I’ve come to learn that teachers’ pets are actually a little like pets. Some are like hounds or shephards, and they can really help you out. Others, for the most part, just want to hump your leg. Then there are those that are exceptionally nice to you because they know that when you walk upstairs, you’ll discover that they pooped by your bed.

My first assignment had a teacher’s pet named Marinda. I really thought she was a godsend as she helped guide me through the class. The first half-day, she was quite helpful. By the end of the second day, I found her to be extremely annoying. I would specifically ask others for help, when I needed it, because she simply wouldn’t stop… everything. She just wouldn’t stop. I’ve learned to pick up on this type pretty quickly and go to others for help. If nothing else, there’s usually a quiet girl in the back of the class who likes things orderly and tidy and will answer any of your questions to keep the status quo. I can more easily understand teacher bias towards girls in this respect. At least in grade school, they like orderly and tidy a lot more than boys.

Most of the helpful boys fall into that third category. They’re actually not the best behaved kids in the room. Sometimes, they’re among the worst. They know this. It seems like they really can’t help themselves. They try to compensate by, when they’re not being bad, by being as helpful as possible, hoping to mitigate the negativity in the note I leave behind. Or else, the bad behavior and the help both trace back to the root cause. Outgoing kids with pent up energy. An inability to be quiet and sit still. A natural force that can be used for good, evil, or frequently both.

It’s difficult to understate the degree to which substitutes have to rely on classroom helpers. Or at least I do. No amount of note-leaving by the teacher will explain everything. A lot of times, if you do something “wrong” (something other than the way it is usually done), you will have ten or so objections at once. Of course, sometimes it’s contradictory. I’ll pick a certain way to do something and the kids who prefer it that way will say “Yeah, we do that sometimes” while the rest will say “nuh-uh!” Fortunately, you can tell by a straw poll and by the words they use “we do it that way sometimes” versus “we always do it this way.” That’s when it gets complicated, though, because you have at least a couple kids excited about what you said you were going to do. Their hopes were up and everything.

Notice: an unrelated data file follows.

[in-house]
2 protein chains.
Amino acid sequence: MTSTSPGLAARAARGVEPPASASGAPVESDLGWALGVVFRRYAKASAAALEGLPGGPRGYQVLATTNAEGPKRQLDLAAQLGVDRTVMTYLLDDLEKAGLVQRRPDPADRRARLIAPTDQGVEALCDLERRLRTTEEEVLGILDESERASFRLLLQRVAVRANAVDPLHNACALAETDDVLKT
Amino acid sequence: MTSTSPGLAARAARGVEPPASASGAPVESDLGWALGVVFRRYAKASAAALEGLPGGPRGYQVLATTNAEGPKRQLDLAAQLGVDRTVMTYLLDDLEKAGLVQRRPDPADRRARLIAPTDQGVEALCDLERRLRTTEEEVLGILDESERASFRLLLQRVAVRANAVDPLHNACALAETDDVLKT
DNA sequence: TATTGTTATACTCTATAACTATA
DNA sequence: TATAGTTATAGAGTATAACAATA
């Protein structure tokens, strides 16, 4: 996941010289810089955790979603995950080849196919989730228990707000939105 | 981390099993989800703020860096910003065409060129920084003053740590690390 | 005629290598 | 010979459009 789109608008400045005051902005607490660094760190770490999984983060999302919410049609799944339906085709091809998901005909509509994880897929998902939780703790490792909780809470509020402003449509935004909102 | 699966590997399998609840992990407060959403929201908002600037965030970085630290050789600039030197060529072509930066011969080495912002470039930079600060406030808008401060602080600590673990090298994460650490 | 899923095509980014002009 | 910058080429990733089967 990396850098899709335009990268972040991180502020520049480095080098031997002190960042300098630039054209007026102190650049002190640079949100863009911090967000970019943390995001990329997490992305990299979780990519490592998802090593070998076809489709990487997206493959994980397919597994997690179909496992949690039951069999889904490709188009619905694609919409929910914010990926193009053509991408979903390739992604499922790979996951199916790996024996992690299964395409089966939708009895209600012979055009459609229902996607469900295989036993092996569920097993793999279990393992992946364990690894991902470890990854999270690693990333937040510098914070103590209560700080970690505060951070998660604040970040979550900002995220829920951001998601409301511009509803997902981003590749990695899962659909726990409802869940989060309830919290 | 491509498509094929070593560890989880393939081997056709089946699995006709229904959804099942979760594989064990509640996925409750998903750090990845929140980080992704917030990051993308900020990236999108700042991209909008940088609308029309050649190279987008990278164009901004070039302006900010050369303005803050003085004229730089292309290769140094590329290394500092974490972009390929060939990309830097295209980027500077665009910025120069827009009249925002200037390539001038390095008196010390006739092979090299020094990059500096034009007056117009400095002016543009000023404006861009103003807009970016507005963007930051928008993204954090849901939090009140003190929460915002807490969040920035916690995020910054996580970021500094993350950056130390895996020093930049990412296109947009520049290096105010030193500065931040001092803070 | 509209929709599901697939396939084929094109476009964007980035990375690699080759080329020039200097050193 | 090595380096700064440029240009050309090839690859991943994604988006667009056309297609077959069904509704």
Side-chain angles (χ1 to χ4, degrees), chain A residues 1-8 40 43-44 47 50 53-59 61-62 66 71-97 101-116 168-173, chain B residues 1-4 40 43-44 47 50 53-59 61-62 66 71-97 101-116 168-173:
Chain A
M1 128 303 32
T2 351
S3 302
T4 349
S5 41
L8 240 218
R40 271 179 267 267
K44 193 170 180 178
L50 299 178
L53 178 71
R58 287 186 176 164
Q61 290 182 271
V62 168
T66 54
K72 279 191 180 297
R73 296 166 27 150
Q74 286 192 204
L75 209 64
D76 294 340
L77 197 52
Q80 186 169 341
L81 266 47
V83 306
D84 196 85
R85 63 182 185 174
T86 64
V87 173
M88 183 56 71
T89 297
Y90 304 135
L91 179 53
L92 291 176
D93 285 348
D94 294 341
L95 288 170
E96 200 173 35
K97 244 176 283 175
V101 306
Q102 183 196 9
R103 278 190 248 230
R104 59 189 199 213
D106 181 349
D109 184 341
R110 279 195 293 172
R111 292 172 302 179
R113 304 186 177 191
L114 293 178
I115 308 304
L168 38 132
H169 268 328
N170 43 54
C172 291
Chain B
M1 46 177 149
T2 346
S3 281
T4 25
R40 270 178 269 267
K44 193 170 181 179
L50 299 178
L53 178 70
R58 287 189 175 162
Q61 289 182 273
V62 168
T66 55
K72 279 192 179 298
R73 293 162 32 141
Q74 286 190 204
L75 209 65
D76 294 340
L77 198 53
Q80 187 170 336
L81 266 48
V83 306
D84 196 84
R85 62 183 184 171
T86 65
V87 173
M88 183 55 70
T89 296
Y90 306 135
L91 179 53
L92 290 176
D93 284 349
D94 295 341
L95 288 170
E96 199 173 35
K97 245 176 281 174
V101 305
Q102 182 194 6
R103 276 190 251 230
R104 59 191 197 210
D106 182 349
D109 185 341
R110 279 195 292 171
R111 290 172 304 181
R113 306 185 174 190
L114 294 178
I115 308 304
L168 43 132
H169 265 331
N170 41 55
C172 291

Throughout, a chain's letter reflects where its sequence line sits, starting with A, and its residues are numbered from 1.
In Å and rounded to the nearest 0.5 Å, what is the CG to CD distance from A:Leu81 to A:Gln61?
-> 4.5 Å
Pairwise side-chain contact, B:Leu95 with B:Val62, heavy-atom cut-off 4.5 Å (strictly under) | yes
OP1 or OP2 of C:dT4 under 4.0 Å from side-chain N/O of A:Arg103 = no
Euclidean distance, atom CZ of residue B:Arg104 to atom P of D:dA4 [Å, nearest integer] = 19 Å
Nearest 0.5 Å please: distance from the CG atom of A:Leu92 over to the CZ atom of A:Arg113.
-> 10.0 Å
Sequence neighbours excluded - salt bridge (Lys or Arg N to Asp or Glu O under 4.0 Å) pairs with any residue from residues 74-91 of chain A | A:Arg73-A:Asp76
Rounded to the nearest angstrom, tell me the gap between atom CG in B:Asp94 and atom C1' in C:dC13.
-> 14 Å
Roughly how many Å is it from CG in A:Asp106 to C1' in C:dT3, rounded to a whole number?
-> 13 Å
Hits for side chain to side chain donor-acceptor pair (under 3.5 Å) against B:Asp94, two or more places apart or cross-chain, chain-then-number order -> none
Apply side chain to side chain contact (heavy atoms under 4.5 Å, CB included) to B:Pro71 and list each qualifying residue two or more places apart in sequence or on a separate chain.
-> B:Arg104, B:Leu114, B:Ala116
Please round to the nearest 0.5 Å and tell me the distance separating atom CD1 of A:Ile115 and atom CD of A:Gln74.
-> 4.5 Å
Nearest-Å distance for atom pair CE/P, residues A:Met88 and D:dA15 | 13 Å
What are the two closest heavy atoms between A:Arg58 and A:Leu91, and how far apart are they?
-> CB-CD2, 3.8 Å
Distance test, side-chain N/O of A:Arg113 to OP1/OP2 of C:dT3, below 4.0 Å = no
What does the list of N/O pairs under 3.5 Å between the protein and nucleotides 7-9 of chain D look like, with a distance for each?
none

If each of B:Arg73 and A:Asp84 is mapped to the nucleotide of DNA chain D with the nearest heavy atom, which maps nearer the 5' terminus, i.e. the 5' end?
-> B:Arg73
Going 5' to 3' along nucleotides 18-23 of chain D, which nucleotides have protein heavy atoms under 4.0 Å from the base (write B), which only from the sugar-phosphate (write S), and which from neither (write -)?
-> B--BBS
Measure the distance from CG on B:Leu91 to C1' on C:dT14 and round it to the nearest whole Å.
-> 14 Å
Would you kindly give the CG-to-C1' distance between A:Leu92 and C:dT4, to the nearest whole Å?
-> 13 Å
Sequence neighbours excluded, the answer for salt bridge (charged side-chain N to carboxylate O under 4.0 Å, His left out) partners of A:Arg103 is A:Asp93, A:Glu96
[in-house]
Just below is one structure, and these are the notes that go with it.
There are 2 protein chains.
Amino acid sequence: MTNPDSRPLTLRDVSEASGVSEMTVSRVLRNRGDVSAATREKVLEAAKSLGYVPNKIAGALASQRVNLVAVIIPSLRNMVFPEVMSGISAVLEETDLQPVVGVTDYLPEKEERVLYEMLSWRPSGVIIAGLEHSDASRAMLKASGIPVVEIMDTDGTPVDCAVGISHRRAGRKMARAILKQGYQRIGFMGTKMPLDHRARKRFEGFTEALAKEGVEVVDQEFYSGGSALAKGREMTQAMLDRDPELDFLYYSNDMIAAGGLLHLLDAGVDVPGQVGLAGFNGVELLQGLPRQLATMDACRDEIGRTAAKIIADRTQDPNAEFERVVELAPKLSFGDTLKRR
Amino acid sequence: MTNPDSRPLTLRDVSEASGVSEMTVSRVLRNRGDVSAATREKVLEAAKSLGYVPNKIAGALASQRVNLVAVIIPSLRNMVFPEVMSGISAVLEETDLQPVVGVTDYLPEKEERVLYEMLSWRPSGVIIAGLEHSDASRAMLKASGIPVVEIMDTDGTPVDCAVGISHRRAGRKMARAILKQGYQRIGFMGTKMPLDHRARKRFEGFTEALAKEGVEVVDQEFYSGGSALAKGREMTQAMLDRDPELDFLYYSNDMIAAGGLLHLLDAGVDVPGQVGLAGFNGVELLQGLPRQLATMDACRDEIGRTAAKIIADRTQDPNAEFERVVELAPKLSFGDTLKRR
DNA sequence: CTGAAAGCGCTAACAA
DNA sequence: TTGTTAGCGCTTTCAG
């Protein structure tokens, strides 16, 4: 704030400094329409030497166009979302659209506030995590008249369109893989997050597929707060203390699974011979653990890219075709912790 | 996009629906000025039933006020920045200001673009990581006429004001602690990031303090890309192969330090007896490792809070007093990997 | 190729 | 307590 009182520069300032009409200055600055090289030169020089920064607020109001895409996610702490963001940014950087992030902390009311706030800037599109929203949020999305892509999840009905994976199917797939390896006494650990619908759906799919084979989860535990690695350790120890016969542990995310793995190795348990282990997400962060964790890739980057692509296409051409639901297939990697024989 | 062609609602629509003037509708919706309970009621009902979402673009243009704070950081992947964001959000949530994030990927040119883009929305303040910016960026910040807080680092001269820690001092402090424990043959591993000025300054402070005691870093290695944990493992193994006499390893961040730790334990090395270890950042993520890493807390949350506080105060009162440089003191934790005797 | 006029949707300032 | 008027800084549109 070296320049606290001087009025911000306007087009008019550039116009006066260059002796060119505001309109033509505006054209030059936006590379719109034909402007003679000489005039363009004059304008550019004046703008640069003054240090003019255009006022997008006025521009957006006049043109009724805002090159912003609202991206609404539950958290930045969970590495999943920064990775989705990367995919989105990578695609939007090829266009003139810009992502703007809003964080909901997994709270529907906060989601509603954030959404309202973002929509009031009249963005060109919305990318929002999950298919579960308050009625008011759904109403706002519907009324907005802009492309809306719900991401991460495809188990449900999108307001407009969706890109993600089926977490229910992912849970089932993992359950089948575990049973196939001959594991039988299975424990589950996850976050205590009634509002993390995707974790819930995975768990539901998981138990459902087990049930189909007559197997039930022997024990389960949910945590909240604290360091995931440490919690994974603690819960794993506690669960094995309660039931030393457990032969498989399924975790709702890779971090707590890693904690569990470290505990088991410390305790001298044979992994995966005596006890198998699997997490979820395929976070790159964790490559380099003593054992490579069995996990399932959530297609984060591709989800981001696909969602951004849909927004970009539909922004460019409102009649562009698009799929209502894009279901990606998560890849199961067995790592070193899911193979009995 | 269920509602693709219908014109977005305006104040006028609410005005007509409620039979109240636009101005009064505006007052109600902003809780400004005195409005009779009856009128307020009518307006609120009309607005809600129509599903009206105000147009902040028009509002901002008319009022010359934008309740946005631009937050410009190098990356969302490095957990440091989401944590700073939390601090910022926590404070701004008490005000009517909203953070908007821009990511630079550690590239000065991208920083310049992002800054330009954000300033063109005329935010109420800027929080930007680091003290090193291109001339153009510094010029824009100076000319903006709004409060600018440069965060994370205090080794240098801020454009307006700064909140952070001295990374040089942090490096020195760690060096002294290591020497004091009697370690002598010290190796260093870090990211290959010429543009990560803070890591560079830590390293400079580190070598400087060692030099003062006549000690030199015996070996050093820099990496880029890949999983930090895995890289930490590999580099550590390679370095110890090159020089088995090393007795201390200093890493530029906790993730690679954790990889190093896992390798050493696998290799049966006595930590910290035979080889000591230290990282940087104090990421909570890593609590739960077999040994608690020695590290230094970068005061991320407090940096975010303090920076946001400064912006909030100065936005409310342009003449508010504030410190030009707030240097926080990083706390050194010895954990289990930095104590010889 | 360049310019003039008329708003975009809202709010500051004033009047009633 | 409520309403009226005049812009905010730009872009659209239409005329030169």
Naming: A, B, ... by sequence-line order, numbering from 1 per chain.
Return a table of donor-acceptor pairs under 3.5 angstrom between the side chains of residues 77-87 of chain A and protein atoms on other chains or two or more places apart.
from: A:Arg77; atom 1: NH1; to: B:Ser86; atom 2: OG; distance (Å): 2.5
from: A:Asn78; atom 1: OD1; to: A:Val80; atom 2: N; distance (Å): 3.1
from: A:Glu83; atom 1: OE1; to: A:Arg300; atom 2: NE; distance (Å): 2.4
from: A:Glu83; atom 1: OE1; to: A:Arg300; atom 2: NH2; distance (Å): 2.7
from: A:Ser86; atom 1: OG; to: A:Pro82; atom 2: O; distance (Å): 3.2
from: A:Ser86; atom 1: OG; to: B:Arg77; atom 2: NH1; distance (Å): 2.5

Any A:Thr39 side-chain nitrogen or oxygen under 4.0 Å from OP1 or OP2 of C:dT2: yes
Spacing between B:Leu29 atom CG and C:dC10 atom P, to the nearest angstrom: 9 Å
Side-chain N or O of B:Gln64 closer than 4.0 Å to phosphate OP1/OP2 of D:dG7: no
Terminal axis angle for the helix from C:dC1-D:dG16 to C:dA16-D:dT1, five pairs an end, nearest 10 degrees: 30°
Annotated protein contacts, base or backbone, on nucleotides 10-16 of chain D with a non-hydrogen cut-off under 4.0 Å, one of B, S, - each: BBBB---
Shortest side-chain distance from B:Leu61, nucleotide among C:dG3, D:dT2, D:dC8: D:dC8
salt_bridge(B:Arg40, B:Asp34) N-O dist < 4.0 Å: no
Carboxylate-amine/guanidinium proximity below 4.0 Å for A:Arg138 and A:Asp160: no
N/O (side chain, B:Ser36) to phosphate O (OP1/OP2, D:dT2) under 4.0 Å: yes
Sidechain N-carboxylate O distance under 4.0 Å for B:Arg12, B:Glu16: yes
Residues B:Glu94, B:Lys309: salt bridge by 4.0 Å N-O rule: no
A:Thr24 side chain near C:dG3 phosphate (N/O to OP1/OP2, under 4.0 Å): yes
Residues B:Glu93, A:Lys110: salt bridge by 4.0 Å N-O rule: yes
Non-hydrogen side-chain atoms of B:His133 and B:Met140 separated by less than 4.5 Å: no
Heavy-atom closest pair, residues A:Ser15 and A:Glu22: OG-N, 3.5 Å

Interestingly, one thing I haven’t really seen that I would have expected to is animosity towards teachers pets. I would think that Kid A would be upset with Kid B when Kid B informs me that the teacher doesn’t let the class do what Kid A is doing. But really, the Kid A’s seem to accept their fate with a stunning grace. Oh. Well. Busted. At most, they’ll try to negotiate. But whether they’re guide dogs or leg humpers, the teachers pets do not seem to be as ostracized as I would expect. It makes it easier to ask that quiet girl in the back of the class what we are supposed to do, knowing that I am not putting a target on their back.

Category: School

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2 Responses to Teacher’s Pets

  1. Mike Hunt says:

    Your observations about child psychology in the classroom are keen.

    Have you considered actually becoming a full-time classroom teacher?

    If your wife ever goes into private practice, having you being a public employee saves you both on health insurance, ironically.

  2. trumwill says:

    Glad you like them! More on the way.

    Becoming a full-time classroom teacher requires a degree of retraining that is pretty unattractive, given the relatively low pay and the likelihood that I would not qualify for a pension.

    We can’t really ask for a better health care plan than we’re getting. Though it would be nice to have something if we were to be looking for work again.

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